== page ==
Though it sounds like a scene from Miami or Bondi, this is Tel Aviv in Israel. Not a place most of us would instantly think of when conjuring up Baywatch-style images.

Of course, anyone who understands about the tourist trail of party capitals will already know the country’s second city is a buzzing destination these days.

But for most of us, Israel is still a bit of an uncertainty.

Is it safe? Is it all just museums and relics? Is it ultra-conservative and religious? What is there for holidaymakers?

In Tel Aviv, Israelis of all faiths and tourists from around the world rub shoulders with the cool kids in relative harmony.

Hipster venues sit side-by-side with kosher restaurants, and every year the city celebrates its heritage, whether that is one of the multiple important days in the religious calendar or the annual Gay Pride parade.

But arguably the biggest draw for holidaymakers is the vast seafront with golden beaches.

We stayed at the Yam Hotel, which looks like it was airlifted straight from Florida. This is boutique beachfront accommodation at its best.

Move inland and you will find the city centre is very much the commercial and corporate heart.

But the soul lies a few miles south in the district of Jaffa, an ancient port mentioned in numerous biblical stories.

Far from feeling like a conservative city dominated by religion, Jaffa feels bohemian and liberal.

The ultimate example is the Ilana Goor Museum, a stunning building housing the Israeli artist’s works.

It is a maze of rooms filled with her creations: Sculptures, paintings, furniture and ornaments — all of which are mind-bending. She makes Salvador Dali look like Tony Hart.

But if you want the distilled, traditional, historic essence of this country, the only real option is to travel 40 miles to the cultural melting pot of Jerusalem.

This is a vast, walled city, the heart of which is divided into four quarters — Armenian, Christian, Jewish and Muslim.

Like an onion, its layers have been peeled back by archaeologists to reveal centuries of civilisations from the Egyptians and the Arabs to Babylonians and Romans.

The best known of all the attractions is of course the Western Wall, built in the first century BC by King Herod the Great.

For Jews it is the most holy place, in the most holy of cities.

And its crucial position in their faith is obvious by the masses who come here daily to pray — both verbally and through tiny notes placed in the cracks of the huge limestone blocks.

Witnessing such devotion and belief is awe-inspiring.

Just as moving is going up Via Dolorosa, Latin for Way of Suffering.

It is a street believed to follow the path of Christ as he made his way to his crucifixion.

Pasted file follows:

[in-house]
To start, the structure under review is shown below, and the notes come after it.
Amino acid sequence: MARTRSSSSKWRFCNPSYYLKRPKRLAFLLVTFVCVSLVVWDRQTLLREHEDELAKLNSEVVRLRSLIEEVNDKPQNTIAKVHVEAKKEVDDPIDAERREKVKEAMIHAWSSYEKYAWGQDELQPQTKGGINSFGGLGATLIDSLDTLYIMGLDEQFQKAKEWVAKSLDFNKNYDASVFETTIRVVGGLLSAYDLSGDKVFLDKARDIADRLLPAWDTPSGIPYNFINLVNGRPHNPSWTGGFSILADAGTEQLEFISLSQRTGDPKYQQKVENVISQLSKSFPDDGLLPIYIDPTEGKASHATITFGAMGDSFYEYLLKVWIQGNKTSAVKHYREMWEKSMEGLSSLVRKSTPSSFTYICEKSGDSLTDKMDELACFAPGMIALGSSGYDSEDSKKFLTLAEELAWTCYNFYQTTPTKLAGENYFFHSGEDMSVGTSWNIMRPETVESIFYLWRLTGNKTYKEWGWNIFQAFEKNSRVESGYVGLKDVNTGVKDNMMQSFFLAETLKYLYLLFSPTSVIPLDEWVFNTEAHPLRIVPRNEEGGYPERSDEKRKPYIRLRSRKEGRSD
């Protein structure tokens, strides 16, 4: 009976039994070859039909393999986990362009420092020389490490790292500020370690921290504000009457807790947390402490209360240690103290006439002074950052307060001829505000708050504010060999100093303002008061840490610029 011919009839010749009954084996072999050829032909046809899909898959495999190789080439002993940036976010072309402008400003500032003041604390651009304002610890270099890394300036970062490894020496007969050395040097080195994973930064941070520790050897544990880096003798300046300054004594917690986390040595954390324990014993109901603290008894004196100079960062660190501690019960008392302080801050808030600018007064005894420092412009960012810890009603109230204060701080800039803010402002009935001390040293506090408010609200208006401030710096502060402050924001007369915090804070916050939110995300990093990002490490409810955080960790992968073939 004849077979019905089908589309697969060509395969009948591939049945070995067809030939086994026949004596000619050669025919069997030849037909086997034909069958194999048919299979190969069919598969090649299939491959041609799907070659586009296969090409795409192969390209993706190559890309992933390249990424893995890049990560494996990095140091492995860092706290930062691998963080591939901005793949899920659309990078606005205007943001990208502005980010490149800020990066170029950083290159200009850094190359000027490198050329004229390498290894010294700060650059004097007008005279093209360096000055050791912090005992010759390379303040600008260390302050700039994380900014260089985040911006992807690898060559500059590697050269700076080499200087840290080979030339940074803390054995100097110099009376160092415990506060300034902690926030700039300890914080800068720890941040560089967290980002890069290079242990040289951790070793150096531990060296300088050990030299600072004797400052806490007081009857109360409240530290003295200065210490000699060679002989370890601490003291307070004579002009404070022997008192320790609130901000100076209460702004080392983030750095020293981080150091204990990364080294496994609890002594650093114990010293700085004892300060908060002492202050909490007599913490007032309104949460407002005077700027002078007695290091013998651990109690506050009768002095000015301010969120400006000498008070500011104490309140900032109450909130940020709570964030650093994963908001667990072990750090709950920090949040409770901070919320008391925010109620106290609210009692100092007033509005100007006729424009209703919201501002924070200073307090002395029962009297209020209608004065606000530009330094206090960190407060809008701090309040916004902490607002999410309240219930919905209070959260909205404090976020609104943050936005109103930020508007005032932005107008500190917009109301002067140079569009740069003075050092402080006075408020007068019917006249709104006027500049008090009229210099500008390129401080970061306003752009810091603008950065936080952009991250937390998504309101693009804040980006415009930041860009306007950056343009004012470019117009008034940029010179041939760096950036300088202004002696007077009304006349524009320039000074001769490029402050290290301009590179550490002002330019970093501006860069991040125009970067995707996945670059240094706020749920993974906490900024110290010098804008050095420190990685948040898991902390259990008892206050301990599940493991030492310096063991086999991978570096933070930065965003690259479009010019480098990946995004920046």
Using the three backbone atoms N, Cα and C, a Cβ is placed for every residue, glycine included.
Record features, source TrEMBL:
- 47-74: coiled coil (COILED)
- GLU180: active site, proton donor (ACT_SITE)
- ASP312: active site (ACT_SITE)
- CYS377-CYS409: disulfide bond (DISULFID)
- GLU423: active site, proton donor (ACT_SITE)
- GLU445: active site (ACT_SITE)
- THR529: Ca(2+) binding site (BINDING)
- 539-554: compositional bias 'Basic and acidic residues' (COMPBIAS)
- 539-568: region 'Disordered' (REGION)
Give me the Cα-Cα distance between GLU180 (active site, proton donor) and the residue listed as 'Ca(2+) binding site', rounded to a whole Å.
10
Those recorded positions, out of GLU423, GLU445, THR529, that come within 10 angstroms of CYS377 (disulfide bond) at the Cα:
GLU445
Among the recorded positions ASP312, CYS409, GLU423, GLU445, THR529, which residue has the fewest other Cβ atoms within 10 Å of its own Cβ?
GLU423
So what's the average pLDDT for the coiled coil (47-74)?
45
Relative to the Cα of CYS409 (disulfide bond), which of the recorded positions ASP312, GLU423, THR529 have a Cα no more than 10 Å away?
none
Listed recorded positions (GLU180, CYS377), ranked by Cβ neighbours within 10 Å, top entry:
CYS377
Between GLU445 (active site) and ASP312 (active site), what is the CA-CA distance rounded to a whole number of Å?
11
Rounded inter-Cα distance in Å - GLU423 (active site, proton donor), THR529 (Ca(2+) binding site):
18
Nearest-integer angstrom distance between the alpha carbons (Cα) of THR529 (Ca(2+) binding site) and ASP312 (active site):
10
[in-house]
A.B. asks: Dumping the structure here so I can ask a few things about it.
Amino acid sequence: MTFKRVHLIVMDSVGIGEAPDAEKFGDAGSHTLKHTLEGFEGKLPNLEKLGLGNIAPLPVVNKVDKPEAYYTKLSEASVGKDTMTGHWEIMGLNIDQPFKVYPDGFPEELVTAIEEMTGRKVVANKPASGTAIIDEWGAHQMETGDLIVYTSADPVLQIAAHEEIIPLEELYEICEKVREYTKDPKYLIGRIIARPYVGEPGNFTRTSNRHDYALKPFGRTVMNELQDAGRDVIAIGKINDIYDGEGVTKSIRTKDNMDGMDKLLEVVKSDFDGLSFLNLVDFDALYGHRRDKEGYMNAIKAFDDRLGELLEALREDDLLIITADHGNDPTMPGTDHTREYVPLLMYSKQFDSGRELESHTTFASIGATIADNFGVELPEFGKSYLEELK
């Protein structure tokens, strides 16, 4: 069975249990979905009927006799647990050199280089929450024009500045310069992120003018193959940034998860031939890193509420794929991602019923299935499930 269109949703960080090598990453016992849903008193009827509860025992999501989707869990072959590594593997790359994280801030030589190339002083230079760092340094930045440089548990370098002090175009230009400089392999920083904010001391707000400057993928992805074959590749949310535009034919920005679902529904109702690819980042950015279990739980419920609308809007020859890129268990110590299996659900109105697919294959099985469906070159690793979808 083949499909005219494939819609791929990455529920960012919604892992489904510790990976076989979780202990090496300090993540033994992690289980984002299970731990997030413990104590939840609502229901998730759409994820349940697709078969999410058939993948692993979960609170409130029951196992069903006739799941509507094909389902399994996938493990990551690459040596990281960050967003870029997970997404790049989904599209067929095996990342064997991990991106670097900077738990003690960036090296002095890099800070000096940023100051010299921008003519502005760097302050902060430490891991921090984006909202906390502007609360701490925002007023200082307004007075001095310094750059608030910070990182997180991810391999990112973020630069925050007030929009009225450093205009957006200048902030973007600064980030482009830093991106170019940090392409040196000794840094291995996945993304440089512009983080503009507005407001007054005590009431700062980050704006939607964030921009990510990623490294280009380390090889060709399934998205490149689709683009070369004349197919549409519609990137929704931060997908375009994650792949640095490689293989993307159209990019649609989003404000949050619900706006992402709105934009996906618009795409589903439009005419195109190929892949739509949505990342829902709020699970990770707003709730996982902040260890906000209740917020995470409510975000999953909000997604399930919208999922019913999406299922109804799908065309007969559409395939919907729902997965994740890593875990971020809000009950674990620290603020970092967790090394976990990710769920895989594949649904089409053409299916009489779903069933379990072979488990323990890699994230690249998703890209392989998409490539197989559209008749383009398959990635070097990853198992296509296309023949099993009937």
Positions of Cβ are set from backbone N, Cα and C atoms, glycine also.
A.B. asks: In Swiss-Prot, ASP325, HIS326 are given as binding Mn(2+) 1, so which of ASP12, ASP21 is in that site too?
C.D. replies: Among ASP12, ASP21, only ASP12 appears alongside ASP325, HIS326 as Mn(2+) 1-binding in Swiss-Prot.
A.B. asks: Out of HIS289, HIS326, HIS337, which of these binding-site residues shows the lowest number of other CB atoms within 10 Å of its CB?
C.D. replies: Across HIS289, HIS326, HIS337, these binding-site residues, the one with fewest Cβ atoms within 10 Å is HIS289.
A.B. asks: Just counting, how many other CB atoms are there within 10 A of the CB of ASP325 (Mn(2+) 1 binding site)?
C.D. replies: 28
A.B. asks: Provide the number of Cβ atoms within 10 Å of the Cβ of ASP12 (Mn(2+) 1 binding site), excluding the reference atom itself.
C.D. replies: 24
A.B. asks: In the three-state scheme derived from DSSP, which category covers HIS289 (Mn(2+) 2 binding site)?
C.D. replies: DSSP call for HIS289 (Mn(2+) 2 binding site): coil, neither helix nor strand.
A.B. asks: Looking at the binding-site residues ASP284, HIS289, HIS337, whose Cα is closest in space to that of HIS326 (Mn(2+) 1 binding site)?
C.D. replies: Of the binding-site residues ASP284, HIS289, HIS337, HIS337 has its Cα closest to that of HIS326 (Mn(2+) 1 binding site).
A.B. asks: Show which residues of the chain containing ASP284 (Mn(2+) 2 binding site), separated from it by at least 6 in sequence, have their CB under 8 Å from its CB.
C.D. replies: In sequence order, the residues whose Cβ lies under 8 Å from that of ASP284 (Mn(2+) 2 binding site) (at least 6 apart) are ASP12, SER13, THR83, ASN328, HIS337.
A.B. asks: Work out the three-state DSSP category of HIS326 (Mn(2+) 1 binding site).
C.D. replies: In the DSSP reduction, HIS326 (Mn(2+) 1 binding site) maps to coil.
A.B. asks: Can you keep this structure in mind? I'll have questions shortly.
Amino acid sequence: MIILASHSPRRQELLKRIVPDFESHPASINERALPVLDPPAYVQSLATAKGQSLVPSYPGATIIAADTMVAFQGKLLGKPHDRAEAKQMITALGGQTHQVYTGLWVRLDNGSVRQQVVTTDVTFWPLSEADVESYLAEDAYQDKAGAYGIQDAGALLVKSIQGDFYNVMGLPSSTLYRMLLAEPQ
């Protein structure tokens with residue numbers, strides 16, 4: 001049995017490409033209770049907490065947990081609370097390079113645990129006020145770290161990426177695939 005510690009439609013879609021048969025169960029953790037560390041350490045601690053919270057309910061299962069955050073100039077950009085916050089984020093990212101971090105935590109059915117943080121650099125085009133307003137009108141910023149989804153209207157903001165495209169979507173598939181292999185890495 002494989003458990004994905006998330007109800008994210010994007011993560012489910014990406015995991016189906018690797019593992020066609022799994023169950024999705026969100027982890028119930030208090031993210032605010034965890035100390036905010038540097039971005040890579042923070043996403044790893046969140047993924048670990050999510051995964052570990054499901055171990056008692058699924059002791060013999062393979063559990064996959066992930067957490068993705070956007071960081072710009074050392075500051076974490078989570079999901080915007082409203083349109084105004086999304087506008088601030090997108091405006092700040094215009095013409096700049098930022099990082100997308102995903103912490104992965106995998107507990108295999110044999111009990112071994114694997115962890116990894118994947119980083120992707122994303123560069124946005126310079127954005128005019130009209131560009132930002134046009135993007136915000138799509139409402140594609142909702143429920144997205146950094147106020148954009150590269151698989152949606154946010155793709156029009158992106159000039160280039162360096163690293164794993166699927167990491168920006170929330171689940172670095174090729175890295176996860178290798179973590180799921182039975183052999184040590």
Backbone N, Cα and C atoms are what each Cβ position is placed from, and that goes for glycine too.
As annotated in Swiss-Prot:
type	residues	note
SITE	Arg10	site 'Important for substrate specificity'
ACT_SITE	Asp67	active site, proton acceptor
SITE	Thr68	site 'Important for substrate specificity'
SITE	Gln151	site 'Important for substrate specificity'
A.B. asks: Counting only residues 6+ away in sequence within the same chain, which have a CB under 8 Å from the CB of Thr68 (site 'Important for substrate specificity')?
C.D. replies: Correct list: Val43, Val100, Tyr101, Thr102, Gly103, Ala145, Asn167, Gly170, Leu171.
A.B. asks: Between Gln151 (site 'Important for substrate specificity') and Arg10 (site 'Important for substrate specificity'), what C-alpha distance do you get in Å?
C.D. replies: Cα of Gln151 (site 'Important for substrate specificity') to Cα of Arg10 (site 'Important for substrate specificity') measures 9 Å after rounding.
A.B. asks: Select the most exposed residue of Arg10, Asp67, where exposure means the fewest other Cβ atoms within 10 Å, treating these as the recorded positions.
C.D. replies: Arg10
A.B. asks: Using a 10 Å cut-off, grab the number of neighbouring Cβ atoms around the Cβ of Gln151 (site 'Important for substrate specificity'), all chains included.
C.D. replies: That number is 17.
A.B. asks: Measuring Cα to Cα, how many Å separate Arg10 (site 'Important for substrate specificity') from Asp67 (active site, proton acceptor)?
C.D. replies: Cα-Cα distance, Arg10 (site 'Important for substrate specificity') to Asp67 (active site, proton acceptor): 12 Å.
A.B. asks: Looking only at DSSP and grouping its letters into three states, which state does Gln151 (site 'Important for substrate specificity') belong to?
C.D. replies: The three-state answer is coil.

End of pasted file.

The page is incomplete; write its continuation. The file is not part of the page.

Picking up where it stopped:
Wandering around makes you feel like you are standing at the focal point of the world — and at times it is overwhelming and surreal.

Particularly when you are surrounded by soldiers with guns, reminding you this is also a flashpoint for conflict.

Does it feel unsafe? Yes. You can never quite forget you are not in a conventional tourist destination.

It feels mildly unsettling and there is no getting away from that.

But what sights there are to see, including the Church of the Holy Sepulchre, built on the supposed sight of Christ’s crucifixion.

And close to the church is the Arab market which is a maze of stalls selling ornaments, spices, art and clothing.


GETTING THERE: Fly to Tel Aviv with El Al, easyJet, Wizz Air or British Airwys. Fares start at around £240return.

STAYING THERE: Yam Hotel, Tel Aviv is part of a group of 16 boutique hotels across Israel. Rooms from £121per night. See


Just outside the city gates is the Mahane Yehuda market, now a bustling draw for the trendies — yes, Jerusalem really does have a cool crowd.

They are either drawn by the huge array of fresh ingredients available, or the bars.

It is here that you get a feel for what a varied country Israel really is.

More importantly, you also get a feel for how much choice it offers as a destination.

If you want a modern city break Tel Aviv is perfect.

If you prefer a beach trip then you could do nothing but sunbathe and bask in the Mediterranean.

But the beauty of Israel is that, if you want both, you can easily fit it all into one unforgettable break.

Fly Direct with Virgin

The five-hour flights will be on an Airbus A330-300, featuring Virgin’s Upper Class, Premium and Economy Light, Classic and Delight classes.

The new route will add more than 180,000 seats a year to what is already a popular destination with other airlines.

Virgin hopes its partner Delta will bring passengers from the US via Heathrow with the chance of a seamless connection. Flights go on sale from February 25.

See or call 0844 2092 770 for details.

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